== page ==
Sun up about 0630. Gosh, down to 29 miles now but the storms went south, whew! Oh, and there’s Isla San Francisco, still. Not gone anywhere!!! Oh dear.
With sun up and semi-awake, storms away, we were able to progress south a little better, getting 3-5 knots on the jib. Wahoo! So about 0800, NET time in La Paz, we were able to start catching some radio links into La Paz. Got a few messages (s/v’s JUCE, El Gato and others….) through that we would need a tow in as soon as we made it into La Paz area. Just assumed it would be another 24+ hours at our pace. But low and behold, we made the “Rescue Needed “Link amongst the cruisers! All of the sudden, we hear a round-up team is being gathered and s/v Orion and a crew of Old Salts has left the port to find us and tow us in! Mike and Cathy on S/v Orion have decided to come out and meet us as we neared Espiritu Santo’s Partida shores. What a relief! It was still to be a long day out but to know our cruising friends were “on the day to save the day” was definitely a very wonderful thought!
About 25 miles out from La Paz and making better and better radio contact, we finally saw our rescue arriving on the horizon about 1100.. S/V Orion had on board the s/v’s Sol Seeker, Swan and Scott Free to help pass the lines for a tow. Lines were assembled on both ships and made ready for a passing -- which went like a well-oiled machine and very professional. The seas were a little choppy, left-over from the night’s storm, but Mike made it look so easy! He pulled forward of us, backed slowly and lines were tossed and caught and attached. We weigh 40,000 so not easy task to tow us. Orion is a 44 foot Lagoon with power, thankfully. Thank you Mike and Cathy and for s/v Orion’s brute strength to haul us 25 miles. We owe you big time – even if you did say it was an adventure for the day and a good learning experience. And the crew with Graeme and Sherry, Andy and Scott getting us hooked up and underway, we made a safe ride in. I am not sure old s/v Tanque de Tiburon has ever done 7-8 knots, tho. Haha. We were flying along! Like a great sail, only more like water skiing on a BIG tow rope. It was 25 miles, so a about a 4 hour tow process.Back in the channel, we find out that a dinghy fleet is going to meet us to enter the channel. As we get closer to the entry to Marina Palmira, talk is where we will tie off, what dock and how. But an agreement was made that we would try to make it into our slip by using several dinghies alongside and a few others to be available. Again, with a master ship hauler aboard to guide the team, it was very smooth. At least 5 dinghies approached us, the master jumped aboard, we tied on the dinghies and slowly entered the channel. As we approached our turn on our dock, the tow lines we dropped off Orion and the dinghies guided us around the corner and directly into our assigned slip. Smooth! The embarrassing part was the dock crowds cheering us in. Well, cheering Mike and Cathy for the grand “rescue” and getting us in before another nightfall at sea for old Tanque de Tiburon. So Kudos to Mike and Cathy and the cruisers aboard with them for a grand adventure of the day! Thanks to all. Love you guys. Cruisers are the best. And was I ever glad to make the dock!!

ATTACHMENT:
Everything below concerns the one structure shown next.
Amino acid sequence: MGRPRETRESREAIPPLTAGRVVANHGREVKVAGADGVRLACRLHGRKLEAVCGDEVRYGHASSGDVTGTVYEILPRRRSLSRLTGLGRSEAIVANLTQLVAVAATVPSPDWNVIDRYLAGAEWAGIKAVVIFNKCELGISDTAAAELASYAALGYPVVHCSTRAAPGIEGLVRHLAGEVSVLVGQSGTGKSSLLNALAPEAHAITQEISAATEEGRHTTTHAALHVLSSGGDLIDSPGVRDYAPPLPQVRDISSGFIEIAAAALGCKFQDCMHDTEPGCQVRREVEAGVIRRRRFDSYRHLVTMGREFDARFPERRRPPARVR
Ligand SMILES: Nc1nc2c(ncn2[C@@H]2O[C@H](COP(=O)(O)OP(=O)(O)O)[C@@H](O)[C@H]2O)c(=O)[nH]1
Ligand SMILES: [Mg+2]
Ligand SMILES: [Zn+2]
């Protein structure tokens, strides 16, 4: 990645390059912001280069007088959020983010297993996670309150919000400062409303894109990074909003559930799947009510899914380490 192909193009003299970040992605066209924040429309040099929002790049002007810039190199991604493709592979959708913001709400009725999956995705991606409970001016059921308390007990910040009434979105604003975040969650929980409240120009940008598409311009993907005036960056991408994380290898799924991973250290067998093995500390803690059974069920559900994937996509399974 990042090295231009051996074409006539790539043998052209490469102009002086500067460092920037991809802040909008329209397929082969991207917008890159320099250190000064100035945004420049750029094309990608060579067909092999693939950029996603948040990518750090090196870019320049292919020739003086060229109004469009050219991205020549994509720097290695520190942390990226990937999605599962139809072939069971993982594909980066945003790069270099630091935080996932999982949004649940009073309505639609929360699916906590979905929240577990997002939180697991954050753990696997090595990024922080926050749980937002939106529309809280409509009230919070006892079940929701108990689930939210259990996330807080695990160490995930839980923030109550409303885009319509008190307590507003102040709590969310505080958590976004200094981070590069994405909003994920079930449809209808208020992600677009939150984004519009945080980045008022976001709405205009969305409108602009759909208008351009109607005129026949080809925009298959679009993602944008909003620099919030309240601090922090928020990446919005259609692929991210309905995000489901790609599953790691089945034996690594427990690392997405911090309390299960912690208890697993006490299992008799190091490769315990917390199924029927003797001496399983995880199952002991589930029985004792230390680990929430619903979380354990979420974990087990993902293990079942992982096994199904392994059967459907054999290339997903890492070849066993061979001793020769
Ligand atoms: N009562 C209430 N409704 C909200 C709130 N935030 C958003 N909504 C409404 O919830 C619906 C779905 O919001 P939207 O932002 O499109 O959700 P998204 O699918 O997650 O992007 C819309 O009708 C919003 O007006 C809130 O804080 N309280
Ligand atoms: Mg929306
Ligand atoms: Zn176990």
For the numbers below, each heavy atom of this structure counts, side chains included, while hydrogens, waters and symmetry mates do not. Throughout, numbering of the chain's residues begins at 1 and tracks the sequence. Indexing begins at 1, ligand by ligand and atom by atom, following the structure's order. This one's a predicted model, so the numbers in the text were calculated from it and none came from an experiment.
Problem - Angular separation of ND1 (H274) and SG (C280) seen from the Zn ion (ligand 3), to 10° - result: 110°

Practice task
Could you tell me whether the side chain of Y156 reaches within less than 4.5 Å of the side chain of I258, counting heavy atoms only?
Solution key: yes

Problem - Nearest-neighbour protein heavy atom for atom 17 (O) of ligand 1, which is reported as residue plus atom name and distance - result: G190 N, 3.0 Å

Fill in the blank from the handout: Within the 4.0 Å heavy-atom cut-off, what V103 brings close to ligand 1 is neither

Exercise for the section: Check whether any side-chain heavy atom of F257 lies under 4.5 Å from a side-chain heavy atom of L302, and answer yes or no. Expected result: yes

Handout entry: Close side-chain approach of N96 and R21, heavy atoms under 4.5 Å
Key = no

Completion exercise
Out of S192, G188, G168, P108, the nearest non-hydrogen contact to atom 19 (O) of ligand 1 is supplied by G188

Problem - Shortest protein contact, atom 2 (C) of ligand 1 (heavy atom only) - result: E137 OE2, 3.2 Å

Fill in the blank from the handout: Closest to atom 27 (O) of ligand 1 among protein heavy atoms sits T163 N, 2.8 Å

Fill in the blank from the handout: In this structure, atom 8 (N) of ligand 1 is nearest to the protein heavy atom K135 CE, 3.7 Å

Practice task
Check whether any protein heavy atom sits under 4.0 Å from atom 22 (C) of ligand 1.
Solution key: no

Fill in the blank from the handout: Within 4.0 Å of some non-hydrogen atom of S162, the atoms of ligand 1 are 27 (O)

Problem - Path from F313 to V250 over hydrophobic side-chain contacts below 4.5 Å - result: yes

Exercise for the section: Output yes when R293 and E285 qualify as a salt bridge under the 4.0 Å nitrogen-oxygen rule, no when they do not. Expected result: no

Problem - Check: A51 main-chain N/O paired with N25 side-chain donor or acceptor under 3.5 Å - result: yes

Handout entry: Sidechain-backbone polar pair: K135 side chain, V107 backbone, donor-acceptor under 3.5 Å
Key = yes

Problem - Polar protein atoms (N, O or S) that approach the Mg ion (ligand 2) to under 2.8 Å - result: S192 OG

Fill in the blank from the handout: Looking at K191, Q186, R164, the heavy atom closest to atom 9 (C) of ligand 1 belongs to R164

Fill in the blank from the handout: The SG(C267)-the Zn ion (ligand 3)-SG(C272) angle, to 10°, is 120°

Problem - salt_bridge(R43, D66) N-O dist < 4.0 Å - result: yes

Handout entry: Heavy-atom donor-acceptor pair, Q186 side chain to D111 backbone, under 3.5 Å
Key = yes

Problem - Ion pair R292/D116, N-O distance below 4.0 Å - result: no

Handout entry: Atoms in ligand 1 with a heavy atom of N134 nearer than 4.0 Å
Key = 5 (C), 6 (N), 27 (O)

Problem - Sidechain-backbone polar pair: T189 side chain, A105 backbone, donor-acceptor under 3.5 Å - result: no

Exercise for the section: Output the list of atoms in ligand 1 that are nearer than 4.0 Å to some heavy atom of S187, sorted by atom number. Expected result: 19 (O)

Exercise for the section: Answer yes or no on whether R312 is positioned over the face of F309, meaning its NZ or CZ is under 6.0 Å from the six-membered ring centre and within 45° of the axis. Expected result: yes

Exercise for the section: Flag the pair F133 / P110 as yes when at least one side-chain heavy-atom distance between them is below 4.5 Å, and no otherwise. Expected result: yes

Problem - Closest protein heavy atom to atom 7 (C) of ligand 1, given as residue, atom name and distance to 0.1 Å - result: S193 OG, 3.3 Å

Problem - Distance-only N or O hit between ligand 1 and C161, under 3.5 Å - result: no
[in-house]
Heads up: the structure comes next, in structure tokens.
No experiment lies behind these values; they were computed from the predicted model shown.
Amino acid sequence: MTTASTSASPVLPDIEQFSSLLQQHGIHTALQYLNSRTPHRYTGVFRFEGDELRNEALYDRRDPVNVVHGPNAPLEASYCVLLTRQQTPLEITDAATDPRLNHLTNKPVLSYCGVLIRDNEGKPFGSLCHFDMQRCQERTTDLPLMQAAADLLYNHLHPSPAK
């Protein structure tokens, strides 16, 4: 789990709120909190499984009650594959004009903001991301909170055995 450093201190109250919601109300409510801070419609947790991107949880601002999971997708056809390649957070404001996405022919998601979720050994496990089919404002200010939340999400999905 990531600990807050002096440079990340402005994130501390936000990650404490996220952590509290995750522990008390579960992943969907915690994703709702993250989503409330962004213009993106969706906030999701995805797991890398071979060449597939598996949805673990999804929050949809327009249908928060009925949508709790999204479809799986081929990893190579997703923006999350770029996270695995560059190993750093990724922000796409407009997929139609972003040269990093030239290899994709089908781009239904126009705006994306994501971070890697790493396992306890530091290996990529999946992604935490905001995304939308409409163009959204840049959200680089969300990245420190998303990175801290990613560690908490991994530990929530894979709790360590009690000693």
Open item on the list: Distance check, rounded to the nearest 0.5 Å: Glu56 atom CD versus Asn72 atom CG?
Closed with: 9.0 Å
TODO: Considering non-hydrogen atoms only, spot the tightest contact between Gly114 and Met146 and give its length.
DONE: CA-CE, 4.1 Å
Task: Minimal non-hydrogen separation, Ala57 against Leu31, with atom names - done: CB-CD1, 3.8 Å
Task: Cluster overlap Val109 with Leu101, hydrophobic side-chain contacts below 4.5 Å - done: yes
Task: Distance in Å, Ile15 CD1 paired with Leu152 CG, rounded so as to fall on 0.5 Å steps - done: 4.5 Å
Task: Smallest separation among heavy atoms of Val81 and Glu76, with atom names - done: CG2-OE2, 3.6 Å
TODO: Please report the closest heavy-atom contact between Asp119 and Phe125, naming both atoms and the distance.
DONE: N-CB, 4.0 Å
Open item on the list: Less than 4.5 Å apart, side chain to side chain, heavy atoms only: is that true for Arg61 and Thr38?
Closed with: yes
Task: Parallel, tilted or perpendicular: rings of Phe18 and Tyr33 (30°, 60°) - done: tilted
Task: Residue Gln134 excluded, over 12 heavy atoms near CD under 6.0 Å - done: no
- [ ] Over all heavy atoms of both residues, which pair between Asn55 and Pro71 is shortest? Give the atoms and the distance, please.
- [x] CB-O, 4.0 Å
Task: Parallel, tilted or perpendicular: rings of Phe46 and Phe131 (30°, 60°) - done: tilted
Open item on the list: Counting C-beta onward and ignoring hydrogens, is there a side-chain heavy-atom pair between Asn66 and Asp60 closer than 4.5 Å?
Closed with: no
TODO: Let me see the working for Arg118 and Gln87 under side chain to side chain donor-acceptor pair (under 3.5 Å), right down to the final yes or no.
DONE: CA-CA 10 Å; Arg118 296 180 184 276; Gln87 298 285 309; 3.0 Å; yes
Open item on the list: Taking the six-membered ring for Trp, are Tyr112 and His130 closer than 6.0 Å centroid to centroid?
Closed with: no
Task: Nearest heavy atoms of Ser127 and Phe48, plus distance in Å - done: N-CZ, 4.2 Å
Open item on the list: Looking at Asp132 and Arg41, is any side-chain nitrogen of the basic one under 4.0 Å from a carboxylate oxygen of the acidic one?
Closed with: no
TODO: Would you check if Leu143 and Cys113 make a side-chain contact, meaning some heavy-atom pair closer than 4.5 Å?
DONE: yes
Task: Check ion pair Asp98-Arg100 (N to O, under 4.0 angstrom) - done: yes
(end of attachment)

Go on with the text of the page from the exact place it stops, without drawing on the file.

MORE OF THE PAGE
Under tow by s/v Orion and the Dinghy Brigade to tow us into our slip.
Here is an aerial view of Marina Palmira with la Paz south of us:
We have been sitting in the slip for a month now and have the transmission replaced and ready to go out again to the islands. We have my sister Marti and Fred here now from Oregon for a few weeks, so exploring some of La Paz. Next Blog, Marti and Fred's visit.
The mini-Mercado at Marina Palmira and out with Marti and
Fred to see a special show at the Cultural Center.
Also out with Sue and Alex for pizza. More cruiser pics to follow....as soon as I can download my camera!!!